Meanwhile books, most published first in English, are often the beginning of stories that are told across all media and in all parts of the world. With a growing number of channels to carry them, our ownership or stewardship of these stories and data and analysis, combined with our ability to work in many formats, gives Pearson a great advantage.

At the heart of all these trends is the revolutionary impact of the internet. We’ve tried out a lot of analogies to help us think about what this networked world will mean – the industrial revolution, the railroads, the internal combustion engine, television, even the computer itself. We’ve finally settled on our favourite – electricity. Like electricity, the internet is the invisible circuit that makes things possible that never were before. We will, before very long, take it entirely for granted. But it will change our world for ever.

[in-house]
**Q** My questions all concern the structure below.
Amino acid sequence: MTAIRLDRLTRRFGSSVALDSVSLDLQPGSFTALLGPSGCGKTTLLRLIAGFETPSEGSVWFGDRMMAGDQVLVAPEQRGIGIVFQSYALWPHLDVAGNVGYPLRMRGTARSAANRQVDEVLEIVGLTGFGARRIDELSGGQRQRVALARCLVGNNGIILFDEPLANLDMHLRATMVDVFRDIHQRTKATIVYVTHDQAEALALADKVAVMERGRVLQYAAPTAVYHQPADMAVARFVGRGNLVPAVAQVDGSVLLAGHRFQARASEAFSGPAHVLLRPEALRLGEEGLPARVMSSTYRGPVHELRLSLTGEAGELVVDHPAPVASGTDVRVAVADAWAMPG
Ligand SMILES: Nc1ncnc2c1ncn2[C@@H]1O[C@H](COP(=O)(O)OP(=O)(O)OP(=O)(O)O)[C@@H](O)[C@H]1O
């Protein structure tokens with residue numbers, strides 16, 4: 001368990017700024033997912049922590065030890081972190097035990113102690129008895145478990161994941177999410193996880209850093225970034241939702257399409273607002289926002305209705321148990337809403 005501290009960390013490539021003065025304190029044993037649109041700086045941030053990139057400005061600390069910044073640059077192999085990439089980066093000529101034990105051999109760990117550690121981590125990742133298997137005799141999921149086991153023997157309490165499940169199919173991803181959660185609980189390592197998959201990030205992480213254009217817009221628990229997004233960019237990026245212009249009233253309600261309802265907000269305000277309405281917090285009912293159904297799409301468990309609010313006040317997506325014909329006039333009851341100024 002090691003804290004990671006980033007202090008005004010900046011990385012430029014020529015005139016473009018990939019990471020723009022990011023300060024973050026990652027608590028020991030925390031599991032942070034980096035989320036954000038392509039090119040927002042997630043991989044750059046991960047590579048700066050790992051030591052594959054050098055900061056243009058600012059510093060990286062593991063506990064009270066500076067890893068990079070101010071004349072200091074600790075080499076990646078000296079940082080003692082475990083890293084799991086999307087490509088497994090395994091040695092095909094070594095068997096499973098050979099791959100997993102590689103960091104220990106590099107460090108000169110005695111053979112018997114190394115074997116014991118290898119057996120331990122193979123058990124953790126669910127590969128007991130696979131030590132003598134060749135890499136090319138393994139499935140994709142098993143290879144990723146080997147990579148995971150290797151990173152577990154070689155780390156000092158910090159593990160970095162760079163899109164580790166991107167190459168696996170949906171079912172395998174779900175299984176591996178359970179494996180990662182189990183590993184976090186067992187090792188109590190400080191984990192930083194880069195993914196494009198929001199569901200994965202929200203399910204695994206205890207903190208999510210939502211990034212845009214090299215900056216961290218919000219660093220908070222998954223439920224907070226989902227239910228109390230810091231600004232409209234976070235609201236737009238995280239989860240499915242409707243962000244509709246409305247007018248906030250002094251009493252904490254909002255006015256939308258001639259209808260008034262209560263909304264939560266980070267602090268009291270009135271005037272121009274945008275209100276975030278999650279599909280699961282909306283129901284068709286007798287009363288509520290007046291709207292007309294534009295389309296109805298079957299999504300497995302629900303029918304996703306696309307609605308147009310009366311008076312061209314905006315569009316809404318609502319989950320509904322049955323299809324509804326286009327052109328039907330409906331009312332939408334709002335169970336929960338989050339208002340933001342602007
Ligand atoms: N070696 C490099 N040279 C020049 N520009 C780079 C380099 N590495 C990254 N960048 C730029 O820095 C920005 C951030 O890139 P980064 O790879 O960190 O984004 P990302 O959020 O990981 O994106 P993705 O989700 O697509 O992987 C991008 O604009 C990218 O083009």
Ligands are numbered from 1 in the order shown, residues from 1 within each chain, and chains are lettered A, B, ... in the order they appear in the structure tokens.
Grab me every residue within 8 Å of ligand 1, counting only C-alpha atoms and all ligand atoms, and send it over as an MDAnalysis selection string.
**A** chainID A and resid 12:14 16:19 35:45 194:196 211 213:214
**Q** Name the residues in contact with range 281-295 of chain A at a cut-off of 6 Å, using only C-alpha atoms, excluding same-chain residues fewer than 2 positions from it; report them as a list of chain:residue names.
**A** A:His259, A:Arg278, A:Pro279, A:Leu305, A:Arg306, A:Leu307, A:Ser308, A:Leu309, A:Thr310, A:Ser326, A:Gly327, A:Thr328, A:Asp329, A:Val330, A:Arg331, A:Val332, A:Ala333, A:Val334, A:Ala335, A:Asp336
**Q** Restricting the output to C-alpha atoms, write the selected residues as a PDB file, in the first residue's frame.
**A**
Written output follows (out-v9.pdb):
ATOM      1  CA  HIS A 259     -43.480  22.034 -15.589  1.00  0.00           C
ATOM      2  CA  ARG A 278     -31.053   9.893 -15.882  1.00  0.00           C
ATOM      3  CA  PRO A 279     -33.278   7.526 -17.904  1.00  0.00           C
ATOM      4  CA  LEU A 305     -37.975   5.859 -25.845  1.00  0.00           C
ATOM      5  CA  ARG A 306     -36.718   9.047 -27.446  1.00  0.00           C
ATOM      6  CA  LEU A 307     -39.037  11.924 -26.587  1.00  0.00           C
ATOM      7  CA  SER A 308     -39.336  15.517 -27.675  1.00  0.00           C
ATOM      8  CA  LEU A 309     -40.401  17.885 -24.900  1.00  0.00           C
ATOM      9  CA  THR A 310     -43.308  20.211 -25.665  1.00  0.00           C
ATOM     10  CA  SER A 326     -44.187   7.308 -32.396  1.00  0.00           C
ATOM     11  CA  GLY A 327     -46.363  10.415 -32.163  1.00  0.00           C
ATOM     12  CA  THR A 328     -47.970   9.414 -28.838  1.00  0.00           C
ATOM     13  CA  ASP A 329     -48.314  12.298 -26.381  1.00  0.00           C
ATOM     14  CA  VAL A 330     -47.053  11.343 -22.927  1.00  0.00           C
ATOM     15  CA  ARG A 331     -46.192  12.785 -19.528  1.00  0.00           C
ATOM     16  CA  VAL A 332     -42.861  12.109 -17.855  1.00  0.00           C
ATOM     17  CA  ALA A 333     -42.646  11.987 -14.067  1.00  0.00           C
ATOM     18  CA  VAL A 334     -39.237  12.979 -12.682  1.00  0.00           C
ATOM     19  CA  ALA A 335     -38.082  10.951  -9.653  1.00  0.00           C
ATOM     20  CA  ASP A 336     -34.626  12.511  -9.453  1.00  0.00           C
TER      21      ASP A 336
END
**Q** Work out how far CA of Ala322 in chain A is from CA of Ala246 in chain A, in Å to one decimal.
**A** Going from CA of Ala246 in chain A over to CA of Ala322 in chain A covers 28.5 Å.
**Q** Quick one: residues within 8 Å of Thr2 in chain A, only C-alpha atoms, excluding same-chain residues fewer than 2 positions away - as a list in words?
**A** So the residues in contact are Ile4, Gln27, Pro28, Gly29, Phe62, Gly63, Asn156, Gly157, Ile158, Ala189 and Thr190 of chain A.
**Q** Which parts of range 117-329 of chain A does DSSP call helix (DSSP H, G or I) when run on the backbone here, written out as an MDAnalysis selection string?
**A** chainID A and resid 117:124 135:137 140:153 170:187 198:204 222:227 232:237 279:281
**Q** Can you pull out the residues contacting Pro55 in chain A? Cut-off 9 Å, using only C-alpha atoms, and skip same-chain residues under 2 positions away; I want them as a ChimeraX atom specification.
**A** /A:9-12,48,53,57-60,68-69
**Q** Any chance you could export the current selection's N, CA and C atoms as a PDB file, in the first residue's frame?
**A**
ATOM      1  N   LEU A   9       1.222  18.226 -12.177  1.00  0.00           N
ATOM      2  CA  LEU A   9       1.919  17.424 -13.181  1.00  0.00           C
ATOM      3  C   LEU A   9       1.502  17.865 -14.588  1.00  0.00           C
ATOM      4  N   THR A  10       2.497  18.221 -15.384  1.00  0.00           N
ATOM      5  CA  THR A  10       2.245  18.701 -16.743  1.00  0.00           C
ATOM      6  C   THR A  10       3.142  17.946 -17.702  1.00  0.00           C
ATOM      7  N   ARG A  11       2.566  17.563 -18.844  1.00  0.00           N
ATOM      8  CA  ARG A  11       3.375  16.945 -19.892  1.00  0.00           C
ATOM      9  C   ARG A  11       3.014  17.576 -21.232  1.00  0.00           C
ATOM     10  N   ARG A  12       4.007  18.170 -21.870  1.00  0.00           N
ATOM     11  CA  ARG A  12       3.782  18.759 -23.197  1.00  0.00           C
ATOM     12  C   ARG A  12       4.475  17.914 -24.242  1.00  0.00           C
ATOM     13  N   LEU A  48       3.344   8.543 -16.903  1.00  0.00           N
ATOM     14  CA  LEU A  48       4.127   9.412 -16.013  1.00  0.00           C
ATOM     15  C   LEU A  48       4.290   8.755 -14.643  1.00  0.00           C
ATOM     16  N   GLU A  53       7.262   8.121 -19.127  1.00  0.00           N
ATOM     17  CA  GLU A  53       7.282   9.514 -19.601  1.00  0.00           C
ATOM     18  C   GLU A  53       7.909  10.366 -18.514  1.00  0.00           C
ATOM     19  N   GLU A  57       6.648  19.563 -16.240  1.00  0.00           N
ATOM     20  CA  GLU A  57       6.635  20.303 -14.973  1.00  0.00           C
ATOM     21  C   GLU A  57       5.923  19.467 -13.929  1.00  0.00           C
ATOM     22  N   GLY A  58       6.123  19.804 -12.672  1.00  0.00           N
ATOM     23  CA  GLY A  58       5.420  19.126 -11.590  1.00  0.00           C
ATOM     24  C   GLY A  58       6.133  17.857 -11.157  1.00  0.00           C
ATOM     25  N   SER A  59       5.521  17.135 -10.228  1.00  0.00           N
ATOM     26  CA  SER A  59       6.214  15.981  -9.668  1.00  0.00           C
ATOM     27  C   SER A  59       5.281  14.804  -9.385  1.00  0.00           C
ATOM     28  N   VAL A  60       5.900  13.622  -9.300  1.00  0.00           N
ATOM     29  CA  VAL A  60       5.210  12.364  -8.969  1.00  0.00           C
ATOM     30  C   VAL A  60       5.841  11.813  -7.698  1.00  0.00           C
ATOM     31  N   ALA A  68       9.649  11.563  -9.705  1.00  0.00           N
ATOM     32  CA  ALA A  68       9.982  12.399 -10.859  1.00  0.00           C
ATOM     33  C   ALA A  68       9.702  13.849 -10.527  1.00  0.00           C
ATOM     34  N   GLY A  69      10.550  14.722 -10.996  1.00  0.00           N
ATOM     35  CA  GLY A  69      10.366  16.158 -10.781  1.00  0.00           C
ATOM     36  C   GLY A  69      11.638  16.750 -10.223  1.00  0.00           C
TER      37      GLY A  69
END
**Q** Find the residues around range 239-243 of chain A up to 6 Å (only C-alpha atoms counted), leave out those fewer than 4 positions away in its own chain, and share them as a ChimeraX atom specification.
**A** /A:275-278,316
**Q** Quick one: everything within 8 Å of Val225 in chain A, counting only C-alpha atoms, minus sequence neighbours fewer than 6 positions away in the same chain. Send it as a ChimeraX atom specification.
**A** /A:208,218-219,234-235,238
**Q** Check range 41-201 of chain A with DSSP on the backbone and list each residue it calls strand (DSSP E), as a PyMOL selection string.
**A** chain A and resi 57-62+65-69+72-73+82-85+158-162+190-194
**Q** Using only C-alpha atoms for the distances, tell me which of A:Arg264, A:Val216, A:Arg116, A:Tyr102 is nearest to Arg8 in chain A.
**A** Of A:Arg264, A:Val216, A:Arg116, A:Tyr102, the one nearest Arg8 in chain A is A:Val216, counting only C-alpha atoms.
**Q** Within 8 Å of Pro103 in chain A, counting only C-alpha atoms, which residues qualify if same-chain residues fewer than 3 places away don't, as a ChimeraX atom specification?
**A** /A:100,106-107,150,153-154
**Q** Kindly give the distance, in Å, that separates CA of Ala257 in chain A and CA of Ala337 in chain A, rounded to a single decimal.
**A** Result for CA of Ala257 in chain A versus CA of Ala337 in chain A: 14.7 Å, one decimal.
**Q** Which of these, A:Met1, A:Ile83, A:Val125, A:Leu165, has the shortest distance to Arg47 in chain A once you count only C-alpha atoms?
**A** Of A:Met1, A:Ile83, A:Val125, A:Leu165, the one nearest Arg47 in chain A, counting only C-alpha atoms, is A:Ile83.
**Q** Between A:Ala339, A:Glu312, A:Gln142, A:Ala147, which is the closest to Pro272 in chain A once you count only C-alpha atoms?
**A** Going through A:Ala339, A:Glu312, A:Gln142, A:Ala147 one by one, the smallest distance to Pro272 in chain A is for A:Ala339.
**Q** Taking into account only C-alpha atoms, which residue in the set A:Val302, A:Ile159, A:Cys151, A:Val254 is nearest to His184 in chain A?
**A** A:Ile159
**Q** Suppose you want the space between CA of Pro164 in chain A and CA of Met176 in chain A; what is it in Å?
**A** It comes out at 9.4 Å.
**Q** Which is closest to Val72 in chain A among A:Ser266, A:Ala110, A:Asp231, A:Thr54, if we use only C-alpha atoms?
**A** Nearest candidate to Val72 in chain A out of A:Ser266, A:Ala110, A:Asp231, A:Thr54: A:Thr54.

In this world, the real prizes will go to the media companies with the brands, content, ideas and versatility to use this electricity to make their customers’ lives easier and run their businesses better. It’s not about the electricity. It’s about what it can do – and we have a lot of ideas about how we will use it to help people learn; to help them succeed financially; to provoke their imaginations or prompt a smile. To help us realise our ideas, we’ve also chosen a few truisms to rest our case on, at least for now:

content is the thing : The Pearson factory manufactures and manages rich content. It may help you pass a test, get a job (or do the job you already have better). It may help you understand the world or, for a little while, switch it off. But across its range – from children to adults, forensic pathologists to cooks – it draws an audience that keeps coming back for more. That’s a much-valued quality in any medium, and it has given us confidence to invest more than ever to hire and retain the best journalists, authors, editors and producers and encourage their creativity.